On the Bubble and A Little Bit Off

Tonight Al Gore could win an Academy Award for “An Inconvenient Truth.” Later this year he could also win the Nobel Prize for Peace. And if he lost 50 pounds and jumped into the 2008 presidential race, he could win that, too. Ever since he published “Earth in The Balance,” his 1992 best-seller, Gore’s two issues have been global climate change and himself.

The first, global climate change, is drawing the nation inexorably to logical choices about energy, metropolitan development patterns, population, conservation, and transportation. The catch phrase here is doing much more with much less. 

The second, Gore himself, is the problem of already having much more and working really hard to do less. It’s like dragging the best trumpet player in the marching band out to perform the Star Spangled Banner. Reluctance doesn’t begin to describe Al Gore’s nearly 20-year romance with true greatness. He abandoned almost any mention of the environment in 2000. Bush’s pledge to abide by the Kyoto Protocols, which he abandoned immediately upon crossing the White House threshold, attracted more attention. al-gore.jpg

Nevertheless here Gore is again ready to take a bow for superb leadership, while the rest of us who’ve been frustrated and inspired wonder what he intends to do with his favorite issue and global prominence. The momentum to change the rules of the development game, and to frame it around battling global climate change, is so intense that even George Bush stepped out on on the White House lawn for a moment last week to tout electric cars, a kind of presidential Punxsutawney Phil moment, to see if he could cast any shadow of influence over the issue. The president looks smaller these days, more pinched and stressed and embarrassed, almost like Michael Dukakis looked in 1988 when he put on that military helmet and rode in the tank.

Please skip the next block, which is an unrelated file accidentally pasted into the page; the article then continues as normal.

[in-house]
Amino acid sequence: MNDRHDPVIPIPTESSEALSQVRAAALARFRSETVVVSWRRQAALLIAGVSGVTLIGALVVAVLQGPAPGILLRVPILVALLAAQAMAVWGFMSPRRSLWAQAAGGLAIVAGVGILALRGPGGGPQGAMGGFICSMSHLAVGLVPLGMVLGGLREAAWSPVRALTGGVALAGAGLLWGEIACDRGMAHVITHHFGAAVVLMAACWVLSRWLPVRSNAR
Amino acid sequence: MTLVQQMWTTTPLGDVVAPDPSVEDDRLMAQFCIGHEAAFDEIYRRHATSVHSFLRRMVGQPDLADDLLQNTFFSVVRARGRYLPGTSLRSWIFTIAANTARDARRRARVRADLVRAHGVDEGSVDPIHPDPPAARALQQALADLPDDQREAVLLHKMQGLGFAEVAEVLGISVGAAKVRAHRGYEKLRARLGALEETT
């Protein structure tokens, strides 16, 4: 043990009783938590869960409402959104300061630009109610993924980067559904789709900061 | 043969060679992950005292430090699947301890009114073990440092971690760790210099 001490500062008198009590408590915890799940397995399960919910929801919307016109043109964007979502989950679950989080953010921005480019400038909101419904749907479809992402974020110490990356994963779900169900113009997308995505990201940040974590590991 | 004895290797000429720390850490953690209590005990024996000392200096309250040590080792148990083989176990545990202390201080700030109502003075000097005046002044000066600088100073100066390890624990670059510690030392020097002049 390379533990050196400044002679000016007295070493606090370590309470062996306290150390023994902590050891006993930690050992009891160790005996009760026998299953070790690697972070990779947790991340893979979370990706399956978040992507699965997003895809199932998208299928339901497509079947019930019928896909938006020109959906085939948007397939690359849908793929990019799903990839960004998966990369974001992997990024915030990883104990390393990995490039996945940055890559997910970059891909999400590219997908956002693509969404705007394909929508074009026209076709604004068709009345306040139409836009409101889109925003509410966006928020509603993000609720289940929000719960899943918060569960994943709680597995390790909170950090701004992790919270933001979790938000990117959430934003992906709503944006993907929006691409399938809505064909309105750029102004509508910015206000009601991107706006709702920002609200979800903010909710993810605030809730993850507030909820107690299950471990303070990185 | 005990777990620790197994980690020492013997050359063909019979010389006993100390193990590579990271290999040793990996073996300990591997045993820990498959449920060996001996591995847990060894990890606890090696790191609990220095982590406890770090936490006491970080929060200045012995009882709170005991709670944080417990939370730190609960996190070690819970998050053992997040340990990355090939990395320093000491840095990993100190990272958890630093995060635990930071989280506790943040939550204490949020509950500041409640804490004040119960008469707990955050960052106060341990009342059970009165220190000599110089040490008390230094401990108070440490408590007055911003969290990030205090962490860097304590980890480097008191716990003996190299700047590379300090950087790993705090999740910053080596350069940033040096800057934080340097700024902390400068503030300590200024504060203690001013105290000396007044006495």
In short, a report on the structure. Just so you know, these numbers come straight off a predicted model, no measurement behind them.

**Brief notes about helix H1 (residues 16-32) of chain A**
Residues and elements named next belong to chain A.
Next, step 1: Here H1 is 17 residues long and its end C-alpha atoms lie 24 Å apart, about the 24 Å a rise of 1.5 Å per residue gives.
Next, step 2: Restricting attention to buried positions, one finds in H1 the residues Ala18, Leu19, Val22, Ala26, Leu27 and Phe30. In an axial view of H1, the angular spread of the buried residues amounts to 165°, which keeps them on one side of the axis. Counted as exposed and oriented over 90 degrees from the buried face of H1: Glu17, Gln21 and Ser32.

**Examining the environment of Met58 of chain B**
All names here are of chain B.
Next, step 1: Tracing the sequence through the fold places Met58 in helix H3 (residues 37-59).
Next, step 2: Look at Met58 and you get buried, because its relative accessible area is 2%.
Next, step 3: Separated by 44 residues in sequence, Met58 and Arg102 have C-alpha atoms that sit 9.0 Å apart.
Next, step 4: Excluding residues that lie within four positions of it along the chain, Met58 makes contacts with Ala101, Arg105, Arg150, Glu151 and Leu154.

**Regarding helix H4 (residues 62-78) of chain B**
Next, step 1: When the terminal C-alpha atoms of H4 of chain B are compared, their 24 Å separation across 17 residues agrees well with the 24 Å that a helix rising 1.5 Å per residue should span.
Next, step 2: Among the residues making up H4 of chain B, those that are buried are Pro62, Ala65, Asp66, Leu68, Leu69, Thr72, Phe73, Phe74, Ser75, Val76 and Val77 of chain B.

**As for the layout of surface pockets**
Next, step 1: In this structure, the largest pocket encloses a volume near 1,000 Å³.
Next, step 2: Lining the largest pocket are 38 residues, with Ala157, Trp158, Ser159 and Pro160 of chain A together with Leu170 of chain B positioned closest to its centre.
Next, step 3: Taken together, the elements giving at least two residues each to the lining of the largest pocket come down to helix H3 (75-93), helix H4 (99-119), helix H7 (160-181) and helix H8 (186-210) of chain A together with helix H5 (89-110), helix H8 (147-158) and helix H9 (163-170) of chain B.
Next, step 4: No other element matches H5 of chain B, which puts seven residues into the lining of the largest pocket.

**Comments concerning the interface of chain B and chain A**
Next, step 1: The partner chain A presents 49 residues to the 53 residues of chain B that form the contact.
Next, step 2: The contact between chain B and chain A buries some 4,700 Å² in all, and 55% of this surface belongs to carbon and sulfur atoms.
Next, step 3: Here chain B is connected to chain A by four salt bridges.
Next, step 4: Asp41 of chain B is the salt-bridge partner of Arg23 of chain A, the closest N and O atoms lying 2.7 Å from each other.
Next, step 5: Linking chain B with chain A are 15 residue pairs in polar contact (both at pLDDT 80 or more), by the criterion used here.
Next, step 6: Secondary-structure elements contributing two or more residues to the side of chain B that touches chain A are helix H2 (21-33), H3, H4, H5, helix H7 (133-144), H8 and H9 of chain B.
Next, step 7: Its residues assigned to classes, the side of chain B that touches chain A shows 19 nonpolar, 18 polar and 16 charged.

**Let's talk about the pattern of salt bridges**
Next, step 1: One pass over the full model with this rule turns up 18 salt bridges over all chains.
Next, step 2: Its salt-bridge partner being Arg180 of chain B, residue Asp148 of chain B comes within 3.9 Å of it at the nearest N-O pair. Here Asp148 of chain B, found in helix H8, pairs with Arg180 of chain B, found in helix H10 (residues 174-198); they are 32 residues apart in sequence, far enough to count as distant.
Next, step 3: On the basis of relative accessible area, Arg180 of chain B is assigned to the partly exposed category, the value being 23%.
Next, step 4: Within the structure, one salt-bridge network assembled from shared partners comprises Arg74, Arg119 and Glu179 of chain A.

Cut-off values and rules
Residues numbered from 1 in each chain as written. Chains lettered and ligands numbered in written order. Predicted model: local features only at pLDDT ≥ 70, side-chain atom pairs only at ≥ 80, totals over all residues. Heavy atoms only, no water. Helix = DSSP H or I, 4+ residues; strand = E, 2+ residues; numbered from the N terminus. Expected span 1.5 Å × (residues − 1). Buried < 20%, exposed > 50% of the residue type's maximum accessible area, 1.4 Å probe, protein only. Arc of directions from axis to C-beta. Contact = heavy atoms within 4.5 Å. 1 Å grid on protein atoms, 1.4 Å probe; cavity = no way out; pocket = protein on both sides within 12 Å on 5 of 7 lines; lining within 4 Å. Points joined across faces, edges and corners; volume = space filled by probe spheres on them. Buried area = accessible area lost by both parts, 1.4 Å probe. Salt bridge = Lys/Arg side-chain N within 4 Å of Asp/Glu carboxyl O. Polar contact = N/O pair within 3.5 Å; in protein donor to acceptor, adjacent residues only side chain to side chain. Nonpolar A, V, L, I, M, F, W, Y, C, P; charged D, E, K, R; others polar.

No so Al Gore, who commands every stage he strides across. No one knows more about global climate change than he does, and no one inspires more confidence on the issue. A few weeks ago Gore was the guest of honor in New York at the World Resources Institute’s 25th anniversary celebration, helped raise $2 million, and showed yet again the star power that green issues have attained. Not since the first Earth Day in 1970 has the environment gained such stature and invited this much attention in economic, cultural, and political circles.

The question is whether Gore will complete the mission. As those of us who make the case and organize to shape new ideas know, it still takes government to draw the players and capital together to make big public interest ideas a reality. The federal government has the capacity to act. Its record on the environment is superb. What the United States has done to clear the air, scrub the waters, protect endangered species, encourage research and new findings, ensure natural areas, and all the while grow the economy, has few equals in the annals of public interest policy making. 

As Gore noted in 1992, and again over the last few years, the earth is in the balance. Will he take command of the Oval Office and really do something about it?   

Organizing Principles

Seven years ago New Yorker magazine writer Malcolm Gladwell published The Tipping Point, which explored the mix of episodic and serendipitous stages that turn a good idea into a cultural event. Gladwell’s book is as useful for explaining the genetics of a modern sensation as Alvin Toffler’s The Third Wave was in the 1980s for understanding the economic and cultural consequences of rapid change.